Eskom chair and former acting CEO Jabu Mabuza announced his resignation in a shock announcement late on Friday afternoon (10 January) – with insiders saying he jumped before he was pushed.
According to sources speaking to the City Press and its sister newspaper Rapport, Mabuza’s resignation has caused a stir at the struggling power utility, but is rooted in the most recent bout of load shedding and how it has embarrassed president Cyril Ramaphosa who assured the nation of no load shedding until at least the 13th of January.
After Eskom was forced to implement stage 6 load shedding in early December, Ramaphosa hastily returned to South Africa from a trip to Egypt, and – allegedly based on assurances from the Eskom board – promised South Africans a load-shedding-free festive period.
However, after an unexpected conveyor belt failure last weekend, Eskom was forced to implement state 2 load shedding to protect the grid, going against this promise.
Earlier this week, deputy president David Mabuza made the startling claim that the Eskom board had misled the president about the state of Eskom on the risks of load shedding. By Friday, the Eskom chair was out.
According to the City Press, the Eskom chair’s decision to bail at this stage was preemptive, with sources saying that with the new CEO Andre de Ruyter stepping in there is pressure from cabinet for the new leadership to work with a more qualified board.
Reportedly, there is a push for more technical skills, particularly engineering, to be represented by the board to save Eskom.
Battle for control
With expected changes afoot, Mabuza is said to have taken an early out before he would inevitably be forced to leave. However, other reports point to a looming political battle for control of Eskom as well.
While the City Press reports that Mabuza’s resignation was rejected by public enterprises minister Pravin Gordhan, sources speaking to Rapport also said that it was specifically done to protect Gordhan, with other cabinet ministers in line to take over control of Eskom’s path forward.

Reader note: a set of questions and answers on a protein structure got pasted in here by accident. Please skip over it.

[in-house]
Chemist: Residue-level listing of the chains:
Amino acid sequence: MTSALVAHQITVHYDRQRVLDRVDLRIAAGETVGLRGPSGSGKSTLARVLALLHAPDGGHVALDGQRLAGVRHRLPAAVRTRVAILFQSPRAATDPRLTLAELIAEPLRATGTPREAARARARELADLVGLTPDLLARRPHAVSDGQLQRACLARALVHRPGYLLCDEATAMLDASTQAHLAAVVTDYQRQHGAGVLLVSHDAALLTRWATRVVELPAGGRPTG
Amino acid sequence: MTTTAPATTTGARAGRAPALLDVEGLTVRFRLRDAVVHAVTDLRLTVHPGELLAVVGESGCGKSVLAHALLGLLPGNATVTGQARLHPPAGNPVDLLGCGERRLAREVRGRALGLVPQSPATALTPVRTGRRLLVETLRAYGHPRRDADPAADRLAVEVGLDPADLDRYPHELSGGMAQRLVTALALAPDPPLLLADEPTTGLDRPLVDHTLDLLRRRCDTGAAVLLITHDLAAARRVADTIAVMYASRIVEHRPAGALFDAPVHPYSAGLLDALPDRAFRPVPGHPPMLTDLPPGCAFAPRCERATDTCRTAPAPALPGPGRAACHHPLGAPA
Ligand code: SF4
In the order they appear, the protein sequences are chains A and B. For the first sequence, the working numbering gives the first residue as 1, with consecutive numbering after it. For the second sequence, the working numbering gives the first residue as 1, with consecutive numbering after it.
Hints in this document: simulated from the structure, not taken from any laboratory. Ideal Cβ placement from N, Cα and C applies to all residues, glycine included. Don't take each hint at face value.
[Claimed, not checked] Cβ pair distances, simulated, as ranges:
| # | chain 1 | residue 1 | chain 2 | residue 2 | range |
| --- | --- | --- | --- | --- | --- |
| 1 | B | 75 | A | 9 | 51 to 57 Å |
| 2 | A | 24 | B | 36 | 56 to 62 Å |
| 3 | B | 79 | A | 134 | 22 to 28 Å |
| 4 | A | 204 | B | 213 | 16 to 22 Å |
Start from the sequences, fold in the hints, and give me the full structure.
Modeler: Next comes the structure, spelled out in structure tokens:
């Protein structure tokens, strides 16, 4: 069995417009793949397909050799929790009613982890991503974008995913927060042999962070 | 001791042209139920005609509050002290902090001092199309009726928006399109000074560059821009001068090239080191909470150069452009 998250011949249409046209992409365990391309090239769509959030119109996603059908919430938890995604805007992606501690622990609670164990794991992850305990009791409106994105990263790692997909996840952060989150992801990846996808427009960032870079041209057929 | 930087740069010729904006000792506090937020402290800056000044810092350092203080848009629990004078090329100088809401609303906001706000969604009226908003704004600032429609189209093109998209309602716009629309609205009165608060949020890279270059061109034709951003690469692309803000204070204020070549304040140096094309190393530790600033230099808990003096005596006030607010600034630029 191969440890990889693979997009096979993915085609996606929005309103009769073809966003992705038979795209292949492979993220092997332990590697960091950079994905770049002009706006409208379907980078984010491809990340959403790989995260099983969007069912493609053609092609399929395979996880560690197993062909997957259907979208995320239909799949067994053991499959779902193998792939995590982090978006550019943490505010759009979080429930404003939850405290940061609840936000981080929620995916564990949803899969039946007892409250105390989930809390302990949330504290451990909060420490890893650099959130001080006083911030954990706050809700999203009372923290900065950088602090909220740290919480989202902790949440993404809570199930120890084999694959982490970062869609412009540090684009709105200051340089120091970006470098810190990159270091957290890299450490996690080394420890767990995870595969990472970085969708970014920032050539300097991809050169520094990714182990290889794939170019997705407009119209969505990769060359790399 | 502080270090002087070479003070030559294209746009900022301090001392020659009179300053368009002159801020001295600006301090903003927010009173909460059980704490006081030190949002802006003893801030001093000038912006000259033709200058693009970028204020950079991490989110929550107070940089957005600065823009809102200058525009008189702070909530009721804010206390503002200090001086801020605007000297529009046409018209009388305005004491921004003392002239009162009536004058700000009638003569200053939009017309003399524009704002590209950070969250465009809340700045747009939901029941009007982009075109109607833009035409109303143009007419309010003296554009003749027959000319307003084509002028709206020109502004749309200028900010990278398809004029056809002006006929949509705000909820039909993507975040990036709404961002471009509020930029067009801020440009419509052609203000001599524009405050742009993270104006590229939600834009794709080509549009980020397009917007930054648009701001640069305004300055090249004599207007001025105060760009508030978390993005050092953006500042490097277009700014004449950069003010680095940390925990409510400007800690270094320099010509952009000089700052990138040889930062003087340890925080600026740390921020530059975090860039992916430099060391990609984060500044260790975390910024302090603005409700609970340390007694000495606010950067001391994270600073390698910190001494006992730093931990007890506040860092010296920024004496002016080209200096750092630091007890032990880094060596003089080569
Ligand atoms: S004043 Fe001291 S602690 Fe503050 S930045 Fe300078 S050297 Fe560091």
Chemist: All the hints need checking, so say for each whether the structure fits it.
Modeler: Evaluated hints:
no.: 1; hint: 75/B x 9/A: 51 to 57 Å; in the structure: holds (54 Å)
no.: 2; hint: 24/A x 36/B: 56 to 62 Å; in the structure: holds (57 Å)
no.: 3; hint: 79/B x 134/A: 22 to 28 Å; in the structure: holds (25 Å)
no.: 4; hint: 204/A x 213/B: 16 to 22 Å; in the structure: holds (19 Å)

According to Rapport, despite Gordhan enjoying strong support from Ramaphosa to lead the changes at Eskom, there is pressure within cabinet to push him out – with several other ministers in the economic cluster waiting in the wings to take over the role.
Front of the line is energy minister Gwede Mantashe, with trade and industry minister Ebrahim Patel and minister in the presidency Jackson Mthembu also reportedly in line.
Some in cabinet also believe that former Eskom CEOs Brian Molefe and Koko Matshela should also be brought on in advisory capacities, the paper said, despite the controversies surrounding them.
Load shedding is here to stay
Analysts and economists have noted that Mabuza’s swift exit from Eskom was indicative of political factionalism once again at play at the power utility, noting that as long as political interference is woven into Eskom’s core make-up, chances of reform and turnaround at the group remains slim.
Intellidex analyst Peter Attard Montalto said this week that load shedding in 2020 will be broadly similar to that of 2019 – if not worse. The group sees longer periods of load shedding, and at least 16 days of stage 4 load shedding in the forecast.
“We see new energy capacity being procured exceptionally slowly given deliberate blockages combined with lack of capacity and technology biases at the Department of Minister Resources and Energy.
“We think investors underestimate the long lead times of approvals and planning required before construction can even start and as such H2 2021 is likely to be when any serious amount of power could realistically come on at the earliest.
“However given a 5GW gap and the fact that the coal fleet is rapidly declining (ie that 5GW grows each year) so we are looking at 3 years of problems,” Attard Montalto said.